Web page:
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I use the Builder pattern for several classes of my project (multiple arguments, some mandatory, some optional, etc.). These classes are immutable (no setters, deep copy for collections getters).

I am now trying to store those objects in a database using a persistence framework that constructs objects with default constructor + setters. It doesn't like my Builders very much!

I don't want to degrade that setup to POJOs and lose the advantages of the current design (flexibility, immutability, construction security).

I would welcome any feedback on workarounds that can be used in this situation (I could wrap each of these classes but that would double the number of classes and I would rather avoid that).

One post actually points that as a specific disadvantage of the Builder pattern.


One answer proposes to use private constructor / setters but that only works if the fields of the class are not final, which is not my case.


Thanks to all.
What I think will be my final solution looks like this and works fine (for the record, I'm using MongoDB + Morphia):

class AClass {
    private final String aField;
    private final AClass() {
        aField = "";
    //Standard builder pattern after that - no setters (private or public)
share|improve this question
Can't you include setters and default constructor but make them private? – DaveJohnston Feb 22 '12 at 15:24
Good question - I'll check that – assylias Feb 22 '12 at 15:25
I know Hibernate can use private setters and constructor, just wondering if you have anything against this for your specific case. – DaveJohnston Feb 22 '12 at 15:27
No nothing against it if that works. Testing it now. – assylias Feb 22 '12 at 15:31
As explained below, the fields in my class are final so I can't use private setters. Otherwise your solution would work. Question edited. – assylias Feb 22 '12 at 16:36
up vote 6 down vote accepted

As I said in my comment: you can include a default constructor and all required setters but make them private. This way you maintain the immutability of your Objects but an ORM such as Hibernate will be able to access the methods/constructor when it needs to.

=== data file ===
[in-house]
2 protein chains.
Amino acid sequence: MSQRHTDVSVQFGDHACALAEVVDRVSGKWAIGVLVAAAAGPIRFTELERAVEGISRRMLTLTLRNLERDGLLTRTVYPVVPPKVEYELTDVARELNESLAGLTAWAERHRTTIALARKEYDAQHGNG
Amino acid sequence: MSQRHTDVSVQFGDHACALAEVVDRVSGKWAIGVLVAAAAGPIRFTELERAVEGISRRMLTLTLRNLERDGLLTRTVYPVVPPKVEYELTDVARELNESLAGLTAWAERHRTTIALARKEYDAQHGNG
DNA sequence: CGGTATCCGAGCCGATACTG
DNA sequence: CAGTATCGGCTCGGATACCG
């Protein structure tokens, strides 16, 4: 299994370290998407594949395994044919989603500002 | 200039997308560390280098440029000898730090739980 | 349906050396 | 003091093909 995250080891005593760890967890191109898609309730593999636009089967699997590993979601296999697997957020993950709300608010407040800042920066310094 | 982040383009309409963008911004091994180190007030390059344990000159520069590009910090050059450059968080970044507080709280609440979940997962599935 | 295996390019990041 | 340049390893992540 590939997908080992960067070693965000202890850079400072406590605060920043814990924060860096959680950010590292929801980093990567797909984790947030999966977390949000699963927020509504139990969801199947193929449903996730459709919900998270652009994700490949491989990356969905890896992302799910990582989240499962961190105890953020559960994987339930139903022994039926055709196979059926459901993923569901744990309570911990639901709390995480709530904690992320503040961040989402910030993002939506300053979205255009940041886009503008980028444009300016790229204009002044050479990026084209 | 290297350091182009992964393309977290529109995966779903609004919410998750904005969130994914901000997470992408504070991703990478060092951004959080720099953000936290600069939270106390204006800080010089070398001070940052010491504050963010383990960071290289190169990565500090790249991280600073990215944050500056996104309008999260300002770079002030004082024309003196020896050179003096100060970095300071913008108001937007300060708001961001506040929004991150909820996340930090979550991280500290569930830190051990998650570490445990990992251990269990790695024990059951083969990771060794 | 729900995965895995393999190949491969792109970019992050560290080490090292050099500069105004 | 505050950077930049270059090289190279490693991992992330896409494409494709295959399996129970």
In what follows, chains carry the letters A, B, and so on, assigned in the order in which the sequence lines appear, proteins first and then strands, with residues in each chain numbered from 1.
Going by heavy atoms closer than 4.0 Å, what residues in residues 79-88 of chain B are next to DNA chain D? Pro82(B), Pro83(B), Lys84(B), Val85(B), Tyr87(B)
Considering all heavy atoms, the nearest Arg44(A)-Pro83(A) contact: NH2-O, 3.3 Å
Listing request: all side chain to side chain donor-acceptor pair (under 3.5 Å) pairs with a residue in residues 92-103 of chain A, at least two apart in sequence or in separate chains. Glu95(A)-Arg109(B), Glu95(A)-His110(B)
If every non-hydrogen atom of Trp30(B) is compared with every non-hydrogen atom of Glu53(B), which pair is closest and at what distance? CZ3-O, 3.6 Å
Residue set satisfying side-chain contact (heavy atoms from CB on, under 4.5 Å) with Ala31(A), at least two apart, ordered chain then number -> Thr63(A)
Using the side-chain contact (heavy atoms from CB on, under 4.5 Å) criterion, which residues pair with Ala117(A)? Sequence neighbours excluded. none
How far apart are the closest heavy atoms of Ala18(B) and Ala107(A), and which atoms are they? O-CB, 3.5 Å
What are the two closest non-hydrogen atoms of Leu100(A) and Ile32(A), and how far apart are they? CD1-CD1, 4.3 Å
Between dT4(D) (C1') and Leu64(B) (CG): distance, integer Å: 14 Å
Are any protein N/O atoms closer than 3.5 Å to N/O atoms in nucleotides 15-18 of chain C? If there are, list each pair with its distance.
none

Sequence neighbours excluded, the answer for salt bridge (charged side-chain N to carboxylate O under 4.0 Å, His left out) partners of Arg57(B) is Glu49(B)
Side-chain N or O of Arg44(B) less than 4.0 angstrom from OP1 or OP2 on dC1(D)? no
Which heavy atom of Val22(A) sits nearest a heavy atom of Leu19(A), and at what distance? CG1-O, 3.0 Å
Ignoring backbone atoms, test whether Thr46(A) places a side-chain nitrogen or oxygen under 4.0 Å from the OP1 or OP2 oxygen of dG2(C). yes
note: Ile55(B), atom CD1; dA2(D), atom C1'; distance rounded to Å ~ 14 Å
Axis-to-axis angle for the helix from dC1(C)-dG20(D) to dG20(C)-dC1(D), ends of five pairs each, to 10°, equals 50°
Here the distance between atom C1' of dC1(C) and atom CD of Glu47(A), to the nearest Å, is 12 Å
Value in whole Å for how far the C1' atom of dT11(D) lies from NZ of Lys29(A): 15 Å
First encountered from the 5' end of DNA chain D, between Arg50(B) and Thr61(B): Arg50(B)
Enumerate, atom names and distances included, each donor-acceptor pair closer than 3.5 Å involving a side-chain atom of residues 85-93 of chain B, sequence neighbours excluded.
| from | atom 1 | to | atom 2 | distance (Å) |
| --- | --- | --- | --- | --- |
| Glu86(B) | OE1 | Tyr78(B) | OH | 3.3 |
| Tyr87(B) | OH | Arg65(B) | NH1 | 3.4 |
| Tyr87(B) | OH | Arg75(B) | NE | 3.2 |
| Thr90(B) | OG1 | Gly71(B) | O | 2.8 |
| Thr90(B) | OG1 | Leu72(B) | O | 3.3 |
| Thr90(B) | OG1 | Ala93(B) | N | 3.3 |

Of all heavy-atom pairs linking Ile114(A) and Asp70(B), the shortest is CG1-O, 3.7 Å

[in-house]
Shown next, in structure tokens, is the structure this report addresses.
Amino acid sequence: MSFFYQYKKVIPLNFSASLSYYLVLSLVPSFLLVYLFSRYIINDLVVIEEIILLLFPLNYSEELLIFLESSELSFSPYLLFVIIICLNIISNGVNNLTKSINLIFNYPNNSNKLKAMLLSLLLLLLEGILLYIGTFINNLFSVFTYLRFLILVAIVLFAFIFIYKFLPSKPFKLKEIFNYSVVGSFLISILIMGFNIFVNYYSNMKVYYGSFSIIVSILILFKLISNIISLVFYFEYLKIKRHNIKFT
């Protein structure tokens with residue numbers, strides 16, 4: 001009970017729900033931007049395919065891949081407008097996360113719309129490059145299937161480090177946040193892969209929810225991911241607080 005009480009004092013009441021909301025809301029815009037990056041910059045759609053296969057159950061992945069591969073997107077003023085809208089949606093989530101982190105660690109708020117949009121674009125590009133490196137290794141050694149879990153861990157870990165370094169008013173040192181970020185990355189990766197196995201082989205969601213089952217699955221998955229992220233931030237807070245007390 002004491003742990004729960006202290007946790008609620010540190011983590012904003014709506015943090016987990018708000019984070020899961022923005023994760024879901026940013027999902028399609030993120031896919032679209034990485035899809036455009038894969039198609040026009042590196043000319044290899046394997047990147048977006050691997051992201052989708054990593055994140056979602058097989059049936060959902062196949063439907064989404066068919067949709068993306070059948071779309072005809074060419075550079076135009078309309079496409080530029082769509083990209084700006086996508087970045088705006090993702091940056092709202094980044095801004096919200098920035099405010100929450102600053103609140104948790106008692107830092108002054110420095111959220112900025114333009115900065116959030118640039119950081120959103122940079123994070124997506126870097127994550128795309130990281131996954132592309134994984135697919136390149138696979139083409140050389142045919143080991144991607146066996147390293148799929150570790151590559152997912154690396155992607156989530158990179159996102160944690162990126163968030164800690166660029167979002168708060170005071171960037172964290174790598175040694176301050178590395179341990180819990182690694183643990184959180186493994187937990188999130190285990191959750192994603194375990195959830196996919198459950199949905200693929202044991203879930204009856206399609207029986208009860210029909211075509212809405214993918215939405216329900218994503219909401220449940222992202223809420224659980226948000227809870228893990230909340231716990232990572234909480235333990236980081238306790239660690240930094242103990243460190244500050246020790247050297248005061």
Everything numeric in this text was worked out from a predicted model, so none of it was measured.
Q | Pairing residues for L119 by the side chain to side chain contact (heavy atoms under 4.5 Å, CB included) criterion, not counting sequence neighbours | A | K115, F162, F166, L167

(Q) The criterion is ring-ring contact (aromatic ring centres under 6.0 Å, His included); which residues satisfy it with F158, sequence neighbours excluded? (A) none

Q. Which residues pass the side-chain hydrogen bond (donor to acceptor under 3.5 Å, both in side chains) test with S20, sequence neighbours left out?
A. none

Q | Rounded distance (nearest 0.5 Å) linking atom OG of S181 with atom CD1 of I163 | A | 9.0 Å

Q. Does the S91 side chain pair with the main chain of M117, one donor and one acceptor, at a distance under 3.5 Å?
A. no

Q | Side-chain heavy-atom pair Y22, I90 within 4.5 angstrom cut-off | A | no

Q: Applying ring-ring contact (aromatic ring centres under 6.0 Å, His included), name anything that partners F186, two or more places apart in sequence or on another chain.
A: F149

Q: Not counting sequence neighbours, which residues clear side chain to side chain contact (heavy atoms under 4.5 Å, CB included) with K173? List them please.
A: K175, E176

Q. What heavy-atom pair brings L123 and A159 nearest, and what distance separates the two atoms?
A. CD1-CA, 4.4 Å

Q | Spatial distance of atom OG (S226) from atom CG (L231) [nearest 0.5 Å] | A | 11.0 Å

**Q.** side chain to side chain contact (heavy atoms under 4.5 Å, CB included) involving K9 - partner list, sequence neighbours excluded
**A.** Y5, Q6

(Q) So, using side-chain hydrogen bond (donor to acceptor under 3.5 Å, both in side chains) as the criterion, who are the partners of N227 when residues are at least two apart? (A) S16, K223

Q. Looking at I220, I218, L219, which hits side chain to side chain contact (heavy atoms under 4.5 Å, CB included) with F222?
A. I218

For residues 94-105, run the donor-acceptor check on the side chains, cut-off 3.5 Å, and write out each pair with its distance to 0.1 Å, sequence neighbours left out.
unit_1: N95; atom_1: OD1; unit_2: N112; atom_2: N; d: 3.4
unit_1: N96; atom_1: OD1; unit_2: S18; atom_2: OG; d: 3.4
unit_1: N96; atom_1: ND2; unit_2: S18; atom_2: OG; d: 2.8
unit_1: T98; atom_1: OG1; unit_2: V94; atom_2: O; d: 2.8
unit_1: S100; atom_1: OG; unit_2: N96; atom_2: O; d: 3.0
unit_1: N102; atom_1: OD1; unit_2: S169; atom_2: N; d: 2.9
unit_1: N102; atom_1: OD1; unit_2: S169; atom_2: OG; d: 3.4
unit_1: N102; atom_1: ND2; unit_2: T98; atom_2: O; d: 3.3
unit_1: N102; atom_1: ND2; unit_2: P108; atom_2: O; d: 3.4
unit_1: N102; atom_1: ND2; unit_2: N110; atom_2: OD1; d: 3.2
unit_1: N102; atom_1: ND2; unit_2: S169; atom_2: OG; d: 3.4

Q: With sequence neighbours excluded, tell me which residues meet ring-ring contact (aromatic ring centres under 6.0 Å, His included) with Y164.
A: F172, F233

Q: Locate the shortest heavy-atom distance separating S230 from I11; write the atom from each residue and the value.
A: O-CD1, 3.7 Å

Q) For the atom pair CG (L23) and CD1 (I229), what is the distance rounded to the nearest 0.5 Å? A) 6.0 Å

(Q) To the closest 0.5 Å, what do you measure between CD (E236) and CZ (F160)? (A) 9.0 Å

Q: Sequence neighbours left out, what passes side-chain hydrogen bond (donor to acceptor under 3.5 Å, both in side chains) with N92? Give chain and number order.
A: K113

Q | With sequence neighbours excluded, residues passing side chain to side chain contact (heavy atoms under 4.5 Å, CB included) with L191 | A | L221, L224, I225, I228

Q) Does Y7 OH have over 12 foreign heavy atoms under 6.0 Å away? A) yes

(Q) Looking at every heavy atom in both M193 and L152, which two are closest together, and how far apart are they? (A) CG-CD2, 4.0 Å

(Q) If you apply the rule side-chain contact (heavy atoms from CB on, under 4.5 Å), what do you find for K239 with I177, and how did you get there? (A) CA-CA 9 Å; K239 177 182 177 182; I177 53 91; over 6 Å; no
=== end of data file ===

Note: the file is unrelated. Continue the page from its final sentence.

Anybody else would be able to access these methods using reflection too, but then they can access the private member variables using reflection too. So there is no real downside to adding the private methods.

share|improve this answer
That works if the fields aren't final. But if they are then I can't use default constructor / private setters for obvious reasons. – assylias Feb 22 '12 at 16:35
If the persistence framework is using reflection to access a private constructor, then it should be able to set the classes fields directly. This works even if the fields are final. – TDJoe Feb 22 '12 at 16:48
Setting the fields to final is obviously part of making an Object immutable, but if there is no public method for mutating the Object, is there any need for the fields to be final? Other than to ensure you don't modify the values accidentally yourself in methods internal to the class? – DaveJohnston Feb 22 '12 at 17:05
After some trial & error, it works by creating a default constructor that assigns dummy values to the final fields, without providing private setters (so I can leave my fields final) as the framework seems to do what @FFJoe says above. – assylias Feb 22 '12 at 17:16

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